As long as we are learning about bobbin winders, we might as well get familiar with your bobbin case too. The more you know about your machine, the better you’ll be at using it and getting great quilting results.
There are four types of bobbin cases that are used in various generations of Handi Quilter quilting machines. You can access a PDF with all the detailed information here. Any of these bobbin cases can be used in any HQ longarm machines. And all of them work great! If you find you need to order a part for your case, you’ll need to know which one you have.
Parts of a bobbin case
Let’s get down to basics first. We will refer to the following picture to learn the parts of a bobbin case.
The part that is highlighted in blue is the tension spring. You adjust the bobbin tension by turning the larger of the two screws, highlighted in green. The smaller screw, highlighted in orange, holds the tension spring to the case. Do not try to turn this small screw to adjust the tension. The screw will come out easily and if you drop it, you will never find it again. It is exceedingly small!
Bobbin Brake Spring
This part is highlighted in yellow. Some folks refer to it as the anti-backlash spring or simply the backlash spring. Just like the name implies, it acts as a brake. Picture this: You are merrily quilting along, and then you come to the end of your beautiful design and you STOP. While you were quilting the bobbin was spinning and paying out thread to form the stitches. When you stop, momentum causes the bobbin to want to keep spinning. If that were to happen, thread would continue to be supplied and you would end up with an ugly knot of excess thread on the back of your quilt every time you stopped the machine. So we have the bobbin brake spring that stops the bobbin spin when you stop the machine. Yay!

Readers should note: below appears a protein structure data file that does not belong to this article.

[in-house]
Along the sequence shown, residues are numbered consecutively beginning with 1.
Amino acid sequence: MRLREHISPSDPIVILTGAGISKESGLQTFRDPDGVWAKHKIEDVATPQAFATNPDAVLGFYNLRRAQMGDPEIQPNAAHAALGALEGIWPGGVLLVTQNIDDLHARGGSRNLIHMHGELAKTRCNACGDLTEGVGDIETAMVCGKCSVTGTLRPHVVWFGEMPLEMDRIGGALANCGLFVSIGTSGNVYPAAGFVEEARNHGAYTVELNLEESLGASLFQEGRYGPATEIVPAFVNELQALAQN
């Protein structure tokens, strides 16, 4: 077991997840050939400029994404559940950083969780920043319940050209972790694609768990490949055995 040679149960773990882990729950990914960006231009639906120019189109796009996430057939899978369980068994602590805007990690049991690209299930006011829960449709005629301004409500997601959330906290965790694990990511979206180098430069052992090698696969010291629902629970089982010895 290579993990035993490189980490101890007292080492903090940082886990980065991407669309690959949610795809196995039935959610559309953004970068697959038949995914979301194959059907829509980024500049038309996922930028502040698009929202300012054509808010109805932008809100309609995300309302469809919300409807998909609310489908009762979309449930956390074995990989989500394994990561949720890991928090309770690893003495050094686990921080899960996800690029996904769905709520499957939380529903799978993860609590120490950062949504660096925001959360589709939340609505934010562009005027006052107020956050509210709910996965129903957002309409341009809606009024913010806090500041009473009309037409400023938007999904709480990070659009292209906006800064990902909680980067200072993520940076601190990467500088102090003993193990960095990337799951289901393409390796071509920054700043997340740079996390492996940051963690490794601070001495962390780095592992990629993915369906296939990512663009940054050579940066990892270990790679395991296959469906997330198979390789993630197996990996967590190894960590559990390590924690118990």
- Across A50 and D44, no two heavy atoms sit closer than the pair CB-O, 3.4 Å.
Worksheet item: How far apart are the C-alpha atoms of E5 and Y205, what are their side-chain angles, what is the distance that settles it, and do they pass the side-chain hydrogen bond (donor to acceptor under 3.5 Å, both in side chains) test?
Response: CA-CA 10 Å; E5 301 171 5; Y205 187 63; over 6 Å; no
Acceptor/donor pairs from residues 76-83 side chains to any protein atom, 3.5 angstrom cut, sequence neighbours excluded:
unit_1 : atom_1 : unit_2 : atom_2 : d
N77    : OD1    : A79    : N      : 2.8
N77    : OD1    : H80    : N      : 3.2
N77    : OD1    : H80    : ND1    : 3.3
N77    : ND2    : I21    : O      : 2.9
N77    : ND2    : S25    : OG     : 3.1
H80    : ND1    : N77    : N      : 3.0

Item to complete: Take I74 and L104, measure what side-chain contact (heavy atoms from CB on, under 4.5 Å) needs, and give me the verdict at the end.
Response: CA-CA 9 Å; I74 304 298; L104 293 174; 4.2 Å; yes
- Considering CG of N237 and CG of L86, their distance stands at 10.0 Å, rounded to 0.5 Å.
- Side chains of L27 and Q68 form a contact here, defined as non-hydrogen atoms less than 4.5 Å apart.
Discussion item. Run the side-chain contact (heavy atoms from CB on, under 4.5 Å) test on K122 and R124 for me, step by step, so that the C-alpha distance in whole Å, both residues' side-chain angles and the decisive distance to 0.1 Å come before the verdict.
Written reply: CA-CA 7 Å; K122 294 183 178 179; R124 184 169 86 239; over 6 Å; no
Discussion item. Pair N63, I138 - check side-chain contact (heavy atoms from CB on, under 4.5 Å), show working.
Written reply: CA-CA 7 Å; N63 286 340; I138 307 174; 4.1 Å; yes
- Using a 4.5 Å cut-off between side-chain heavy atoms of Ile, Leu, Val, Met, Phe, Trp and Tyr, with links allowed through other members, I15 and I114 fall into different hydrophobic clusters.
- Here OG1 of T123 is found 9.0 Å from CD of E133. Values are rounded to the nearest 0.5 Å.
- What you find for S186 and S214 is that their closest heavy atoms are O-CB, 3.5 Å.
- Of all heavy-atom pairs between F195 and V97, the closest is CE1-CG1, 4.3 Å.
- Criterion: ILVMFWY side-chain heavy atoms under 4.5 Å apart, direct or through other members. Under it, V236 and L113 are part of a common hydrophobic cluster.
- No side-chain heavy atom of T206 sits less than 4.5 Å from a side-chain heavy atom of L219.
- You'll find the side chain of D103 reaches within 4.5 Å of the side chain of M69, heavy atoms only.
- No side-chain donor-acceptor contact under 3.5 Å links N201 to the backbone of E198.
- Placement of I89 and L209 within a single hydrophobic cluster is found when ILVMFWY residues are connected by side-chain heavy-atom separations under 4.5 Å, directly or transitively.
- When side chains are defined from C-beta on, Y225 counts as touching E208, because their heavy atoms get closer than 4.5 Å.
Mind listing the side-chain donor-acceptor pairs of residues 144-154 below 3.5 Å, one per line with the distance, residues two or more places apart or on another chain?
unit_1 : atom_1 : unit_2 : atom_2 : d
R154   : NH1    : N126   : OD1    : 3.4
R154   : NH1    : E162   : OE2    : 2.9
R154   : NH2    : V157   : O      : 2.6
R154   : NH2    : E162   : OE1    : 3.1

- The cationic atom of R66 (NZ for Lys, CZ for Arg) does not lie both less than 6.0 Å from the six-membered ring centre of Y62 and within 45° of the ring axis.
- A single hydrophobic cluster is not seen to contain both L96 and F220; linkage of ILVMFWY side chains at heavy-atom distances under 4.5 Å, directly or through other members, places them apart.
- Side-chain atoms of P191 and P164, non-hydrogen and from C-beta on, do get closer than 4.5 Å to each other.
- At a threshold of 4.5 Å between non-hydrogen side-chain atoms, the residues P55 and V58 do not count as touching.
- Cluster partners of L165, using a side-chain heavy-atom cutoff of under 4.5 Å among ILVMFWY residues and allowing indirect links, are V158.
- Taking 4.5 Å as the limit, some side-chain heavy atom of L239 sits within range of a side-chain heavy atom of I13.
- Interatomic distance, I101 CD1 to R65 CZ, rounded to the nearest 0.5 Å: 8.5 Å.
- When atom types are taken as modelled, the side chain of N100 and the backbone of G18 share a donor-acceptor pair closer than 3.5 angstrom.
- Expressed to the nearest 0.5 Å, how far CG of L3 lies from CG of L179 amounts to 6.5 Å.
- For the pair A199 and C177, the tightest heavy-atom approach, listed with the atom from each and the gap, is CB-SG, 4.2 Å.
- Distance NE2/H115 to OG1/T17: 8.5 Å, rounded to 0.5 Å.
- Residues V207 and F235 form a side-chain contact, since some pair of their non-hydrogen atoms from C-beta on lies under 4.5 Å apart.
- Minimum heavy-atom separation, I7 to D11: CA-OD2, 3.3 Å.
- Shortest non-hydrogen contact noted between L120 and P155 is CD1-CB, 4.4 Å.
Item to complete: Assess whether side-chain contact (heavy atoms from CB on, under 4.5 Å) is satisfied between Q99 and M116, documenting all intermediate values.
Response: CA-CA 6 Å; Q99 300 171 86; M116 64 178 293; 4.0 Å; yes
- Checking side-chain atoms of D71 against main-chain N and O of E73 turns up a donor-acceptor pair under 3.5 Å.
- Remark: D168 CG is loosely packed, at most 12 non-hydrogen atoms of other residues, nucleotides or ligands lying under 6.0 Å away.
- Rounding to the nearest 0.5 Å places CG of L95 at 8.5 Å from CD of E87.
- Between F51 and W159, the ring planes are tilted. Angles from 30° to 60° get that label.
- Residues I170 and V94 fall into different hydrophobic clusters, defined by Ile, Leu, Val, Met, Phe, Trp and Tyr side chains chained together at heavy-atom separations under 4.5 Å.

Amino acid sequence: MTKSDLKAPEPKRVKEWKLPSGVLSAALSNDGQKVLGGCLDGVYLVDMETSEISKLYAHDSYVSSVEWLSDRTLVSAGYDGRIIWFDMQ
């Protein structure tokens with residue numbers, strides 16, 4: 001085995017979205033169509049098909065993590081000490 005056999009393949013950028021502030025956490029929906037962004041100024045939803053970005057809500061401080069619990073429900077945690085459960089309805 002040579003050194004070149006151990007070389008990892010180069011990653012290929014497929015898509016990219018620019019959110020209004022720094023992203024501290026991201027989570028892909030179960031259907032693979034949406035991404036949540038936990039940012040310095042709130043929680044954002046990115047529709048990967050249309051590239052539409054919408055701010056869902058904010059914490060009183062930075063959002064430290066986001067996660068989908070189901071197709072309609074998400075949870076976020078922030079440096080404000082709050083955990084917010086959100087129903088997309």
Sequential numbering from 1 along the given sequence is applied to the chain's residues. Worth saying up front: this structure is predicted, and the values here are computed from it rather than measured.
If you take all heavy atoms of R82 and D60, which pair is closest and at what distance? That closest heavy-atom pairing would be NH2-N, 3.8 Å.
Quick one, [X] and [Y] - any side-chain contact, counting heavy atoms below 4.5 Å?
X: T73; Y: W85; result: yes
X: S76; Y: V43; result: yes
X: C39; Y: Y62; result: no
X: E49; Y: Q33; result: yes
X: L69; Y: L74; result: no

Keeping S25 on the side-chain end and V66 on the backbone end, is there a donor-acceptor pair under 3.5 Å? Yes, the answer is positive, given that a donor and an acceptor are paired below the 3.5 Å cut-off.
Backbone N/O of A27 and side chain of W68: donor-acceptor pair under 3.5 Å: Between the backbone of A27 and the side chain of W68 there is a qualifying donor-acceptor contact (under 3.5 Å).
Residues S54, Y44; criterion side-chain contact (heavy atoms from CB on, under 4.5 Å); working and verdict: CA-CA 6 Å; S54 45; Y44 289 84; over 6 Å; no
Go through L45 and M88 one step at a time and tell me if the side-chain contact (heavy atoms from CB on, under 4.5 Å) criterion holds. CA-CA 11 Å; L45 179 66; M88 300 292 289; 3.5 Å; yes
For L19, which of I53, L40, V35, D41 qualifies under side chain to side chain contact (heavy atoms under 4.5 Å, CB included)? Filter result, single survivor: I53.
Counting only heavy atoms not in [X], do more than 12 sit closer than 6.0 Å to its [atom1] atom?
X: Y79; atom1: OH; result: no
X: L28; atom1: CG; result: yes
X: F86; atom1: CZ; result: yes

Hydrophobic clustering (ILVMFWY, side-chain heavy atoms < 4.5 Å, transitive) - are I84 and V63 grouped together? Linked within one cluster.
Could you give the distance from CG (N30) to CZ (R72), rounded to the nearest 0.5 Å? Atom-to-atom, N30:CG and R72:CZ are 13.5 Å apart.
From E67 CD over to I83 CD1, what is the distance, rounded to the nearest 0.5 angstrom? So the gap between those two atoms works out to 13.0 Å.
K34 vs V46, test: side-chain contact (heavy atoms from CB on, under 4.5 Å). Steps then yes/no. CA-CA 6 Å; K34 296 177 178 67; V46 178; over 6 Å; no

The part on your machine that you put your case into, the place where you put the drop of oil, is known as the bobbin RACE. (Not pictured). I just wanted to throw that in here since many do not know the difference between the bobbin RACE and the bobbin CASE. So now you know.
The differences in bobbin cases
Pre- 2017 Cerliani
Notice the shape of the bobbin brake spring. It is C-shaped and it is attached to the bottom of the bobbin case with a tiny screw. On the outside of the bobbin case opposite that screw is a brake adjusting screw. You can make adjustments in how much pressure the spring makes on the bobbin. These things are the notable differences between this bobbin case and the others.
Over time with continued use, the spring can get flattened out. The user can adjust the spring by turning the screw and raising the spring. You can also add a new spring when needed. This spring does not easily fall out.
In the Post-2017 Cerliani, the brake spring is M (or W) shaped. There is no screw holding it in. It is held in by the small tabs, 2 on each side. This spring can pop out. If you don’t have a spring in your case you will have all kinds of issues with stitch quality. If it does come out, it’s a little fussy to get it back in properly. You must pay close attention to the location of the tiny tabs. They go into small openings in the side of the case. If you lose it, you can order another one. You just need to know which kind of case you have, to know which spring to get.